Venusia (Semiotext(e) / Native Agents)
A novel about life under enlightened totalitarianism in the twenty-third century and the efforts of a mild-mannered junk dealer to change the human condition.
Primitive literacy is redundant. Mere words are expelled. We inaugurate a world of pure presence. The mind, that intrudes itself between ourselves and those memories too terrible to know, must keep us moving beyond the grasp of their claw. To control the flow, it will be necessary that political order be imposed always temporarily. The state shall enjoy direct, creative access to the real. It's the end of the twenty-third century. Earth has violently self-destructed. Venusia, an experimental off-world colony, survives under the enlightened totalitarianism of the Princeps Crittendon regime. Using industrialized narcotics, holographic entertainment, and memory control, Crittendon has turned Venusia into a self-sustaining system of relative historical inertia. But when mild-mannered junk dealer Rogers Collectibles finds a book about early Venusian history, the colony—once fully immersed in the present—begins losing its grip on the real. With his Reality-V girlfriend Martha Dobbs, neuroscop operator Sylvia Yang, his midget friend Niftus Norrington, and a sentient plant, Rogers wages a war to alter the shape of spacetime, and in the process, revisions the whole human (and vegetable) condition.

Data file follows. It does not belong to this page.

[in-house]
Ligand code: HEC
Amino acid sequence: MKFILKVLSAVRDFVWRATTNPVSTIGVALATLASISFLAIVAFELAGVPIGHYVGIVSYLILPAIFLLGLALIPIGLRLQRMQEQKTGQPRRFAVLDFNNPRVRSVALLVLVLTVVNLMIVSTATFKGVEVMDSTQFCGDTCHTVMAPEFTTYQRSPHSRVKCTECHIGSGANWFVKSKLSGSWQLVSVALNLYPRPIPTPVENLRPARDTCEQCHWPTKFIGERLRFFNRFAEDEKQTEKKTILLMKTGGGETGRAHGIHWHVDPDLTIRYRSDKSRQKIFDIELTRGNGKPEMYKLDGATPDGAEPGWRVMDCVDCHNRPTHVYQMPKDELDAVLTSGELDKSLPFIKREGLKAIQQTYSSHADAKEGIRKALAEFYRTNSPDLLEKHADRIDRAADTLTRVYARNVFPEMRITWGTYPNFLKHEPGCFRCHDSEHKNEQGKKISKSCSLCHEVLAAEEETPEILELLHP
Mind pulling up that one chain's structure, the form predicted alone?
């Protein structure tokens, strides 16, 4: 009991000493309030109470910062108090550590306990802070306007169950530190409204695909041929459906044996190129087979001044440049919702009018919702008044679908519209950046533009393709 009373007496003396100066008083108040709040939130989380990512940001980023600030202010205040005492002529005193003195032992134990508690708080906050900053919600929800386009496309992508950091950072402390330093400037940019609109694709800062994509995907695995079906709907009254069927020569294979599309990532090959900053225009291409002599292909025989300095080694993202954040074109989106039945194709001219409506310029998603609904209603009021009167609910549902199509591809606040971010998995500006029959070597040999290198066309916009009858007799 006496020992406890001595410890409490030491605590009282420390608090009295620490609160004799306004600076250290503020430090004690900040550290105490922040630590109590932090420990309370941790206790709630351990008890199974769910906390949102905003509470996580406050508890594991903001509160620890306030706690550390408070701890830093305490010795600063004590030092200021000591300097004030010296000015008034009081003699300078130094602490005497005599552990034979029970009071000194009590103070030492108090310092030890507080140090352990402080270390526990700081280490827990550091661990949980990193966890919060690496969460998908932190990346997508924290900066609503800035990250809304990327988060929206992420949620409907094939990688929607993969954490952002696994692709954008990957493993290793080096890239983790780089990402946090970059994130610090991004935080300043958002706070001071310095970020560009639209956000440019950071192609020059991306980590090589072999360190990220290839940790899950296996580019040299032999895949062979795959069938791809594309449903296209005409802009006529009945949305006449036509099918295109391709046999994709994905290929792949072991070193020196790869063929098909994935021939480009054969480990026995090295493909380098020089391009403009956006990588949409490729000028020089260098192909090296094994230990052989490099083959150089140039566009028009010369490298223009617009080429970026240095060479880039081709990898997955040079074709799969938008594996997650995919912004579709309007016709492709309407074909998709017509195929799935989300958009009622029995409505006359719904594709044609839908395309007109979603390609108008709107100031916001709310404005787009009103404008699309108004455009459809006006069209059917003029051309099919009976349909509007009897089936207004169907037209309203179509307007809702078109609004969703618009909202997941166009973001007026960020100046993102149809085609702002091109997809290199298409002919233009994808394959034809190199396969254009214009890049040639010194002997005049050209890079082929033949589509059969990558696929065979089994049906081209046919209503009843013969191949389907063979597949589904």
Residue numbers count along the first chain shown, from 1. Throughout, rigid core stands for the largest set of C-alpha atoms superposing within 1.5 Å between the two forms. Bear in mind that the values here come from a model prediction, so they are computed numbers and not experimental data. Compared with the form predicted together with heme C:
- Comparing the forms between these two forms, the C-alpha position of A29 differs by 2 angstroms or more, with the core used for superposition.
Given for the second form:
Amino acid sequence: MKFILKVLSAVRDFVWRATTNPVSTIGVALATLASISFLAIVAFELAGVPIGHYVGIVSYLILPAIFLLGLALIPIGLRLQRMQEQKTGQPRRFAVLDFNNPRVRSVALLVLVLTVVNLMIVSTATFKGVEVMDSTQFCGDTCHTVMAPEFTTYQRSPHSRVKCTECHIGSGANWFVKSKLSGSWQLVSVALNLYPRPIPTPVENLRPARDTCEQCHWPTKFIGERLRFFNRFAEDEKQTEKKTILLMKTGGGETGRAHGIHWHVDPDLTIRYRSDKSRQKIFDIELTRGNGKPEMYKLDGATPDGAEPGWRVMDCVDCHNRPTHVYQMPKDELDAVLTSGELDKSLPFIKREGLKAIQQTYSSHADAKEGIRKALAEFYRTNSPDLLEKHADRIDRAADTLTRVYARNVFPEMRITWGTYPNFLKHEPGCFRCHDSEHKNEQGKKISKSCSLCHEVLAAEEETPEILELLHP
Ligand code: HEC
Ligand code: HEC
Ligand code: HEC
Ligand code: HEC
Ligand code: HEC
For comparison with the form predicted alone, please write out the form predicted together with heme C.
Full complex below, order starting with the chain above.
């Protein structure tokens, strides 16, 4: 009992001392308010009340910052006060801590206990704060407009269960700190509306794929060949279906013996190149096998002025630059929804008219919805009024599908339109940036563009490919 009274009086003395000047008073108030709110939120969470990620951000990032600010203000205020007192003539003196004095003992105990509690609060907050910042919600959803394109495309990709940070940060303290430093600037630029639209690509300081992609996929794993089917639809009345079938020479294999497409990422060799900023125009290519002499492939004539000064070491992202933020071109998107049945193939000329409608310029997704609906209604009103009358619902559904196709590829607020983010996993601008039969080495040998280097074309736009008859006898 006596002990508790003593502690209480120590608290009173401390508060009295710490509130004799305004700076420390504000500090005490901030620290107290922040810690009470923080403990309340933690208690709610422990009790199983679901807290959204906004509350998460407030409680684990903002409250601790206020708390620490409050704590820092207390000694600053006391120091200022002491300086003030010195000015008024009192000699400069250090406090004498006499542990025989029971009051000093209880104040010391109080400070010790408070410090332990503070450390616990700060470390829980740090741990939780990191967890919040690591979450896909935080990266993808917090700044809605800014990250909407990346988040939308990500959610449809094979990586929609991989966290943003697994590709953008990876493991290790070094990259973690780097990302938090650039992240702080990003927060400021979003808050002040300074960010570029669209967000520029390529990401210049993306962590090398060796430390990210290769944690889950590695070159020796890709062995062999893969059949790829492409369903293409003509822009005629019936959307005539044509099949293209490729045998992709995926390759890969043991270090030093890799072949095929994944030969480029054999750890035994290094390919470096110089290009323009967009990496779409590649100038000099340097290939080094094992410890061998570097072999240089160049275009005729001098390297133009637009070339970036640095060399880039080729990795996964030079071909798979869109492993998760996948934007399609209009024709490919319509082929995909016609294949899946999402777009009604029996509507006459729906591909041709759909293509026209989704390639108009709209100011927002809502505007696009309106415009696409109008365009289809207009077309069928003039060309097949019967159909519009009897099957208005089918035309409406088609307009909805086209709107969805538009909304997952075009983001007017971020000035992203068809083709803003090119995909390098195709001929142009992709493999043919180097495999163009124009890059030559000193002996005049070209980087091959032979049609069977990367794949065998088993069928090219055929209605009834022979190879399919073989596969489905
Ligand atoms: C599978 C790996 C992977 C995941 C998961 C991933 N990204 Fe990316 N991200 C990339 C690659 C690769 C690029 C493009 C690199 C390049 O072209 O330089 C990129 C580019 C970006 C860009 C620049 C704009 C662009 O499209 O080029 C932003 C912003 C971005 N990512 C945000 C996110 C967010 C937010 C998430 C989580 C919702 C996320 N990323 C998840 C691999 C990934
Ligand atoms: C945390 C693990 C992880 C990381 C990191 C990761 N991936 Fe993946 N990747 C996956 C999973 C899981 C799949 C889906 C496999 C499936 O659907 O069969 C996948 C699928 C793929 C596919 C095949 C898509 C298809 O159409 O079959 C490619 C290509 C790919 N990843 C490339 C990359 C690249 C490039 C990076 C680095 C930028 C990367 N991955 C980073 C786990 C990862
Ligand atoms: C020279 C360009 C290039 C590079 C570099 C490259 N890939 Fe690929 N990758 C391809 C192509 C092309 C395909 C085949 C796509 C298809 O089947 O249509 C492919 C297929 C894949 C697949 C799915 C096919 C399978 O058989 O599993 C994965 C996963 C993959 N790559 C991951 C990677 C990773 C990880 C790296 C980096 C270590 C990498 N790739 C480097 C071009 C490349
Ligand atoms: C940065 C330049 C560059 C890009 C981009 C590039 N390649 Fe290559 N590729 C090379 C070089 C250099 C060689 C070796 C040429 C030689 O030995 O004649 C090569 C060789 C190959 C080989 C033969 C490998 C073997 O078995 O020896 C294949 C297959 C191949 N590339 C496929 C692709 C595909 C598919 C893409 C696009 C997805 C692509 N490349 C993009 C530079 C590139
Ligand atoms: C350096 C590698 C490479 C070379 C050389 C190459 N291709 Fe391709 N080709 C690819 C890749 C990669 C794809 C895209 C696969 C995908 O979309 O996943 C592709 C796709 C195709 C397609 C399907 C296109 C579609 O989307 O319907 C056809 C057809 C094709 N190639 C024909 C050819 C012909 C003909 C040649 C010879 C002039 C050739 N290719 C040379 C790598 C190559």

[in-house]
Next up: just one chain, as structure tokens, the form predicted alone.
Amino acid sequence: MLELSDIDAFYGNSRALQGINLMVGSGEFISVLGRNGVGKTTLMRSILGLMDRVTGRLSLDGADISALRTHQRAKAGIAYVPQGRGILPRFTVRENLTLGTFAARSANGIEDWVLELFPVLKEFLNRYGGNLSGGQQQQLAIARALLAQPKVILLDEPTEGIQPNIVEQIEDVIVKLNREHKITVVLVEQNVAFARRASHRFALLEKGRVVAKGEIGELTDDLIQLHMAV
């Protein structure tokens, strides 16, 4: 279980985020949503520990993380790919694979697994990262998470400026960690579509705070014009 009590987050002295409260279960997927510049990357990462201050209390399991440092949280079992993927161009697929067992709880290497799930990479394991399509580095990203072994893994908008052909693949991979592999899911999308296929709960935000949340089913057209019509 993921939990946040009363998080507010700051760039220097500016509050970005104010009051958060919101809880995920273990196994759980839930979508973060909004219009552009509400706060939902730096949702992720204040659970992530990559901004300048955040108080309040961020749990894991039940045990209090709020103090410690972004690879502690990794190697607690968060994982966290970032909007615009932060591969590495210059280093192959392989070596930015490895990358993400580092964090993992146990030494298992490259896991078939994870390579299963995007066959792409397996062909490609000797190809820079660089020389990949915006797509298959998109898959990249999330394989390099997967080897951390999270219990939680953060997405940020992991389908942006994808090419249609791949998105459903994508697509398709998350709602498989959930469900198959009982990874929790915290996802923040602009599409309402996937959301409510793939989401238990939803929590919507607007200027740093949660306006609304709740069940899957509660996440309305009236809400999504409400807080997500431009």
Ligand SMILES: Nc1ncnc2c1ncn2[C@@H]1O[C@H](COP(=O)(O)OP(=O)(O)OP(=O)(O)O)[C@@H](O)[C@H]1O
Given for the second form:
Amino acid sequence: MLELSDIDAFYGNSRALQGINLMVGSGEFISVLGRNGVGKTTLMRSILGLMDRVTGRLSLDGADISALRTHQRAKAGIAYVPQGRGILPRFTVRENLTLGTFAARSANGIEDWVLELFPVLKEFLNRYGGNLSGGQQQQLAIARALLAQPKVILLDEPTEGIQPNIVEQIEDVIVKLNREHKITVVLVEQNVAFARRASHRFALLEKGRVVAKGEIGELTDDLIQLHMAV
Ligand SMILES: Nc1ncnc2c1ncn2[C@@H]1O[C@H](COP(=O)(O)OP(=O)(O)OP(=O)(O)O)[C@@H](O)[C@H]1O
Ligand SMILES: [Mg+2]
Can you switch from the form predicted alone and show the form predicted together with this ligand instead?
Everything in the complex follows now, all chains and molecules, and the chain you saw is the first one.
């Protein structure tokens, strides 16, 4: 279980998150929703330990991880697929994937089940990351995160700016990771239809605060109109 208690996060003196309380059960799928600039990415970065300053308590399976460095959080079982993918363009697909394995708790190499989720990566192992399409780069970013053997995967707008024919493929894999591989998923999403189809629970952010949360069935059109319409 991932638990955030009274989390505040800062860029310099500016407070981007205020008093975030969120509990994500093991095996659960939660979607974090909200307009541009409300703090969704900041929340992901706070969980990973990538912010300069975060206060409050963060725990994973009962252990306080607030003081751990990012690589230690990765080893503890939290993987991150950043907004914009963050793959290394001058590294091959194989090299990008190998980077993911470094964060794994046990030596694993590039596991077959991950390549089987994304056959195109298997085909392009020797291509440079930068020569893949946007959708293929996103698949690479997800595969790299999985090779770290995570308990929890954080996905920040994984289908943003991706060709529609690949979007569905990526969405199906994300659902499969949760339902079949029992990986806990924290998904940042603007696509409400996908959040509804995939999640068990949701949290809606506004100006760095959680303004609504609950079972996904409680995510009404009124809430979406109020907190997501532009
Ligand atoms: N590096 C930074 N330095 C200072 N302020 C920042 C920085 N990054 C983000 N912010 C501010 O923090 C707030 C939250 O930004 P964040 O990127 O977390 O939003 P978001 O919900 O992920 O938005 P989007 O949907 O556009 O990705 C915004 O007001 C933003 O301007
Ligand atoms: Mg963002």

About the Author
Mark von Schlegell's stories and essays appear regularly in underground newspapers, zines, art books, and amateurist periodicals the world over. Venusia, his first novel, was honor-listed for the 2007 James M. Tiptree Jr. Prize in science fiction.
Praise for Venusia (Semiotext(e) / Native Agents)
A heady, kaleidoscopic trip into a dystopic future as well as a backward look at the necessities ofthe past.—Jackie Cassada, Library Journal—
a mind-bending excursion through the plastic neuroscapes of quantum reality.
—Cheryl Morgan, Emerald City—
A psychedelic sampling of high and low literature that reads like the best of the genre.... like a head-on collision between a David Lynch film and a Philip K. Dick novel in the 23rd century.
—Mike Errico, Maxim—